WASHINGTON -- College athletes at Northwestern University lost their effort to form a union in August when the National Labor Relations Board declined to rule on their case. But while officials at the NCAA and its member conferences might be relieved that the issue of unionization is settled for now, that particular fight may take an even more direct form in the future, Big 12 commissioner Bob Bowlsby predicted Monday.
“There will be a day in the future when the popcorn is popped, the TV cameras are there, the fans are in the stands, and the team decides they are not going to play,” Bowlsby said at the National Press Club in Washington, D.C. “Mark my words. We will see that in the years ahead.”
There have long been rumors of players considering walkouts before major collegiate sporting events, particularly the men’s Final Four or a prominent football bowl game, and at times players have taken symbolic action. The University of Michigan’s famed Fab Five wore blank warm-up shirts before games in 1993 to protest their belief that they were “cogs in a money-making machine.” The Northwestern labor movement, meanwhile, grew in part out of a 2013 protest in which players in various college football programs wore wristbands bearing the slogan, “All Players United.”
Bowlsby made the prediction during a wide-ranging speech that covered numerous ideas for reform within the NCAA, the billion-dollar behemoth that oversees college athletics. The NCAA, Bowlsby noted in an interview with The Huffington Post earlier this month, remains “under siege” as lawsuits and even congressional action threaten its long-held tenet of amateurism and the belief that compensating athletes would compromise the integrity of collegiate sports.
The Big 12 commissioner has positioned himself as a reformer within the college athletics world, and on Monday, he touted his support more than 20 years ago for scholarships that cover the entire cost of attendance. The NCAA finally approved full cost-of-attendance stipends for athletes in January, and it also has made other changes to benefit athletes as it attempts to stave off the threat of antitrust lawsuits like those brought by former UCLA basketball player Ed O’Bannon and current and former players represented by prominent sports labor attorney Jeffrey Kessler.
The NCAA is currently appealing a federal judge’s 2013 ruling in the O’Bannon case that gave athletes limited rights to revenue generated off the use of their names, images and likenesses. The Kessler suit seeks an injunction that could create a free market for the services of college athletes.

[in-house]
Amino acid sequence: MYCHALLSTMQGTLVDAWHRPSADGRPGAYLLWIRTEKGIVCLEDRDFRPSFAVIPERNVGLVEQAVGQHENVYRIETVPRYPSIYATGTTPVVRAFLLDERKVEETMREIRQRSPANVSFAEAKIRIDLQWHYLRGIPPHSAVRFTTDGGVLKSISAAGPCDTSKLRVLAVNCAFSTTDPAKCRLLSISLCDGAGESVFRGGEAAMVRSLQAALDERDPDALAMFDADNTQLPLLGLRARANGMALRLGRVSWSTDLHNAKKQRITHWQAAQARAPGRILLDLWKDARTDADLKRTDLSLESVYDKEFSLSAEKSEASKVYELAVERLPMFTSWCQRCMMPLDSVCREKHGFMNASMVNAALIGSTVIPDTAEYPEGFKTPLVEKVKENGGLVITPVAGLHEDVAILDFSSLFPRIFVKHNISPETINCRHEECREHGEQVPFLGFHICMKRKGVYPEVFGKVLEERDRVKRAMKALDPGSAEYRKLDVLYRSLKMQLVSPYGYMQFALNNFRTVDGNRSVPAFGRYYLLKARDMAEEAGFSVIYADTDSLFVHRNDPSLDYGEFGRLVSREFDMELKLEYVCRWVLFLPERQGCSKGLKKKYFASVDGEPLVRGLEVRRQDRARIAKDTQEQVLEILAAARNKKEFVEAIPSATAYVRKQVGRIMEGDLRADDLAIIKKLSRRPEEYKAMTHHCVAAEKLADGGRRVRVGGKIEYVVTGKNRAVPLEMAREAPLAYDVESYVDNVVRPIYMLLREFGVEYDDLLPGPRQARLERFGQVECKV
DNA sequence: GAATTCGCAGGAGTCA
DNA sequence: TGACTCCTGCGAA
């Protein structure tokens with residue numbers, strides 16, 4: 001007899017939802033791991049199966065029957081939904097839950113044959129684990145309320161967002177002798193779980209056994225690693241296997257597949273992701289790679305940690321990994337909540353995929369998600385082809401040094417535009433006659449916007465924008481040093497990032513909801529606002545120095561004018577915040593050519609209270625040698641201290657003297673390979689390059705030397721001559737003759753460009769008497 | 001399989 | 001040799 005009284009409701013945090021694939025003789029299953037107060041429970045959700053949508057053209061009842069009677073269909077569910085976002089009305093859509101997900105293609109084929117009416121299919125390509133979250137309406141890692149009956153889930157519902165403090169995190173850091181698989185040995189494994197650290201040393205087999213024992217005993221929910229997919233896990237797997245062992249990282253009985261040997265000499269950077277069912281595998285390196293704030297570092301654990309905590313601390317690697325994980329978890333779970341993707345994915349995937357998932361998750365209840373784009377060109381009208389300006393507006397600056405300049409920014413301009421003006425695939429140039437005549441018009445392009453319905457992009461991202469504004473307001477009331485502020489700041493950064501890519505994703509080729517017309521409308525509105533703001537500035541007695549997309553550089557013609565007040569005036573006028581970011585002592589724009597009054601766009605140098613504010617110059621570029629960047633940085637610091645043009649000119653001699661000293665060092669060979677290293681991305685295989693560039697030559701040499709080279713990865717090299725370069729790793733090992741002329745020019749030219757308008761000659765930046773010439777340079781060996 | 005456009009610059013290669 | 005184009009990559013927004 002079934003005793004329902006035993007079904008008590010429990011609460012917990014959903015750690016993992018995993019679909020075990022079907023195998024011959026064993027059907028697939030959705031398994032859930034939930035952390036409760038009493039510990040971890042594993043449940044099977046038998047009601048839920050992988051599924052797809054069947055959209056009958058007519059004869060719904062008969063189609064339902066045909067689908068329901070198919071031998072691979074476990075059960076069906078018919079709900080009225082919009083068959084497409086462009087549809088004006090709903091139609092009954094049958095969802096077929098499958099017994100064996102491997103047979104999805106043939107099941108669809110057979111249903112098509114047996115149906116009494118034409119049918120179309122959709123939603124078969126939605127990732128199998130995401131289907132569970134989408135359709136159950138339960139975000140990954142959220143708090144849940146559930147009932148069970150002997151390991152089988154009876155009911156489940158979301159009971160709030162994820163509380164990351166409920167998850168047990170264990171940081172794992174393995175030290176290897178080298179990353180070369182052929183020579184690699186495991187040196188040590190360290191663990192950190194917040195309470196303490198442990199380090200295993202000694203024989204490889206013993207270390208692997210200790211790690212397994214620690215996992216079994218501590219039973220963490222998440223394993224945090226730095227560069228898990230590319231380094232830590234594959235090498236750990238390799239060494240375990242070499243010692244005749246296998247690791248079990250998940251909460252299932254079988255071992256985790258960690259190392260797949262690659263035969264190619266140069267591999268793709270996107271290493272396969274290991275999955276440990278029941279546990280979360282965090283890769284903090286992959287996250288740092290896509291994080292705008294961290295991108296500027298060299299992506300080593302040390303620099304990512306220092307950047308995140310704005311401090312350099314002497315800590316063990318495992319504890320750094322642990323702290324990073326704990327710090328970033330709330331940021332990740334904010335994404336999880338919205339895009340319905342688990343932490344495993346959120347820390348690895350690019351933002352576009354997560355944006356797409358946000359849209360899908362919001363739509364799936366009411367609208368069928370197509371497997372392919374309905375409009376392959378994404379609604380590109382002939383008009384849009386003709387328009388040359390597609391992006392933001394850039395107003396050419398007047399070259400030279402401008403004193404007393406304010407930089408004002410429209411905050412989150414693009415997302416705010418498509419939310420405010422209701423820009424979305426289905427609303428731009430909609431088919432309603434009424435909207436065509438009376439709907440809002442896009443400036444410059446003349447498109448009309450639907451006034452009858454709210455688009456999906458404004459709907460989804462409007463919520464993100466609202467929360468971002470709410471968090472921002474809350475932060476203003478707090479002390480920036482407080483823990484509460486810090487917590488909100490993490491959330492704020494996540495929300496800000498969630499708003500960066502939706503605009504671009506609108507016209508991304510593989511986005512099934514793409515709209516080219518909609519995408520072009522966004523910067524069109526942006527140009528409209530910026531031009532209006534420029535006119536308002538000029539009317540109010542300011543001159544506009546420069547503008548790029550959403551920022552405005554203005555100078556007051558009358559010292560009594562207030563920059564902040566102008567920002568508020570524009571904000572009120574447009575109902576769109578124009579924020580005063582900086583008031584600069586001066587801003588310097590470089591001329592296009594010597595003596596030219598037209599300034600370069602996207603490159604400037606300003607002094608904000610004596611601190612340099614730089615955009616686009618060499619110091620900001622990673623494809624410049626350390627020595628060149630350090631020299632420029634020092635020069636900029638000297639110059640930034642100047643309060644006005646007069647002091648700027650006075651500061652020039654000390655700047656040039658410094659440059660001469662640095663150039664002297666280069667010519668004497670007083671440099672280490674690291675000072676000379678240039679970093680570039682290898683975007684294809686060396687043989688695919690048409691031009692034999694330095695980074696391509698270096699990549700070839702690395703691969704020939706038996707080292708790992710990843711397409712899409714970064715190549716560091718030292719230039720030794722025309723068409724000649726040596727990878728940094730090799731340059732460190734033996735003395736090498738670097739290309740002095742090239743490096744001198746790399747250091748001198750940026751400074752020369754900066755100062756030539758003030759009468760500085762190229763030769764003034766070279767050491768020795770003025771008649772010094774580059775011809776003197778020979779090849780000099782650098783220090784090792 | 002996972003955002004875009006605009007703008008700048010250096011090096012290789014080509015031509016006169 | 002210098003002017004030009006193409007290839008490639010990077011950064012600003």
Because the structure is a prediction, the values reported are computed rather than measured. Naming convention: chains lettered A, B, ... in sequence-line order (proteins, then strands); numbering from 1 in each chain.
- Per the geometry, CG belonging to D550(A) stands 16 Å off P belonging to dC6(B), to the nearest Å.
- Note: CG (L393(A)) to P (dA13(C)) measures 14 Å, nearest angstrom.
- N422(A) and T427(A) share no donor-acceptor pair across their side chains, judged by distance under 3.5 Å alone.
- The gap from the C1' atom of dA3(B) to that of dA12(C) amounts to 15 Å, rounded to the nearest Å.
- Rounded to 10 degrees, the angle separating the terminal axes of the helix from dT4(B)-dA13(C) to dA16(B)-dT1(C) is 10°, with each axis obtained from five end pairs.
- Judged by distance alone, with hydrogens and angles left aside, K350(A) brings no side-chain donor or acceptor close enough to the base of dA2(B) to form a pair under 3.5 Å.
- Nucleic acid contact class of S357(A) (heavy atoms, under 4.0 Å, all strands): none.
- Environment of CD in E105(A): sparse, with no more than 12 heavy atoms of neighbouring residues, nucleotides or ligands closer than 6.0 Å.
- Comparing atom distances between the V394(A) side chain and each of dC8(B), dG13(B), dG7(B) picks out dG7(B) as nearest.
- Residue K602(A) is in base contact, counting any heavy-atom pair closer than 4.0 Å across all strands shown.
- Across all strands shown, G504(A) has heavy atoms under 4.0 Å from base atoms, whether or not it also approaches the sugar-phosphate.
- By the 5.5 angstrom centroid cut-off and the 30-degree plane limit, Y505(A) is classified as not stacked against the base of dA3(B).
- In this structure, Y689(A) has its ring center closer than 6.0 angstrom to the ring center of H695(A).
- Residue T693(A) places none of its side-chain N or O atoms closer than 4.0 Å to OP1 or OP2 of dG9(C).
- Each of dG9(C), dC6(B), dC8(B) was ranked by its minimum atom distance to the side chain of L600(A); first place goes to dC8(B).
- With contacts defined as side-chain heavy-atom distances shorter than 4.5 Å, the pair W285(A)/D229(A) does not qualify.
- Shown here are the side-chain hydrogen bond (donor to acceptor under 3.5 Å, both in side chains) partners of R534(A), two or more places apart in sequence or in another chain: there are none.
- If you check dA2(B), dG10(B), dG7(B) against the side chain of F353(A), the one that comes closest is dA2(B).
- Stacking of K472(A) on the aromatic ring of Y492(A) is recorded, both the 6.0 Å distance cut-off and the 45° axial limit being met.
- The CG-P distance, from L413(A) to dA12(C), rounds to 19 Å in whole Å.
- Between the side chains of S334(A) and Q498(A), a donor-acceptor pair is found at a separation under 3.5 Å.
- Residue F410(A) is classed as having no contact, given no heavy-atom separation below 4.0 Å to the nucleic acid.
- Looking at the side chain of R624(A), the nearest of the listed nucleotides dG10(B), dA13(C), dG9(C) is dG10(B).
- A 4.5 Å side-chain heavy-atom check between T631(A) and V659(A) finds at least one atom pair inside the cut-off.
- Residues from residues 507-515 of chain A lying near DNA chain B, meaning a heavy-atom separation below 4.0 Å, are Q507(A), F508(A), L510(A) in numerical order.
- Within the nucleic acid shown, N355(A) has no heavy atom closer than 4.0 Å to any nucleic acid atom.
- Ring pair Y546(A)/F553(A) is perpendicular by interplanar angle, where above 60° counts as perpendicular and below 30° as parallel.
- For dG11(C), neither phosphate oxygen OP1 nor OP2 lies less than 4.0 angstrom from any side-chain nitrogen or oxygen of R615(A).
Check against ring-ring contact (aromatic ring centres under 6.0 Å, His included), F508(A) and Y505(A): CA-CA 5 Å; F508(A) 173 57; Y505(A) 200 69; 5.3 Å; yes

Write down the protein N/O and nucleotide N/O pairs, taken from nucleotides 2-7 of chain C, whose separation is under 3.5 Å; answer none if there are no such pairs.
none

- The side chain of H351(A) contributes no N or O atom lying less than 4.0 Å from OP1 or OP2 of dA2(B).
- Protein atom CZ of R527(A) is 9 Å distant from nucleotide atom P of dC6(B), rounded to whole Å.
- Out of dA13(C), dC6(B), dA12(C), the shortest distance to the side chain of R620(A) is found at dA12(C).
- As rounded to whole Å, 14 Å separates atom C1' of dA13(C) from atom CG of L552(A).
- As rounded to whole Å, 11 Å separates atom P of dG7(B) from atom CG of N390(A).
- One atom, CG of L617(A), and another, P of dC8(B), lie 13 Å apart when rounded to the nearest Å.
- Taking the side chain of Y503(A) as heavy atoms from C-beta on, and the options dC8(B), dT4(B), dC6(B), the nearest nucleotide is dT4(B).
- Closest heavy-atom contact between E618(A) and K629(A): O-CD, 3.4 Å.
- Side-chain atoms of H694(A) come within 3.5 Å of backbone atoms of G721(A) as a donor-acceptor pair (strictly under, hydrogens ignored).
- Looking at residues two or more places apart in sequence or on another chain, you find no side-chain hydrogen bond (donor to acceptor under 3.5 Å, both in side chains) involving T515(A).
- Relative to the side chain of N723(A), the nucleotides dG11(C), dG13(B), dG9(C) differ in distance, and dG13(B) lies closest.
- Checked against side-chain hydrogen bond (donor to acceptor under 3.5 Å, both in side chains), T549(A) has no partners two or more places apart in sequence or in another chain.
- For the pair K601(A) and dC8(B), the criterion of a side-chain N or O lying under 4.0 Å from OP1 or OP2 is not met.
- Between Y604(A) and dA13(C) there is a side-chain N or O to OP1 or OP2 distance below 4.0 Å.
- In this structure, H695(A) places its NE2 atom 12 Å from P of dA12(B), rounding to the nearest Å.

In his speech Monday, Bowlsby cycled through a number of other potential reforms that could come up for consideration, including further limits on time spent on sports, efforts to curb high rates of athletic transfers, restricting sports to a single semester, or even broader changes toward an end to the current conference-based model.
Internal changes are a must, Bowlsby said, to further help athletes and to prevent continuous legal fighting.
Many of the potential reforms Bowlsby posed would help promote the stated NCAA mission of educating athletes, a goal Bowlsby said he "still believes in." Though that may address some of the issues raised in the Northwestern movement, it might not answer the central question of the broadest legal challenges: whether athletes deserve the right to compensation.
Even while anticipating a potential walk-out, Bowlsby held firm to his belief that athletes should not be compensated beyond the full cost of college.
“There is a good and appropriate reason to pay every nickel of what it costs to go to college. There is not a compelling case, in my estimation, to pay above that,” Bowlsby said. “I think once we get above that, we’re on a very slippery slope. And then it just becomes a matter of how much.”
Still, he acknowledged that compensation will remain a source of conflict. Bowlsby recounted a recent conversation with a college basketball player during a trip to one campus. Like the Northwestern athletes and the NLRB regional director who issued the first major ruling in their case, the player saw himself as an employee of his athletic program.
“The tensions in the system,” Bowlsby said, “aren’t going away anytime soon.”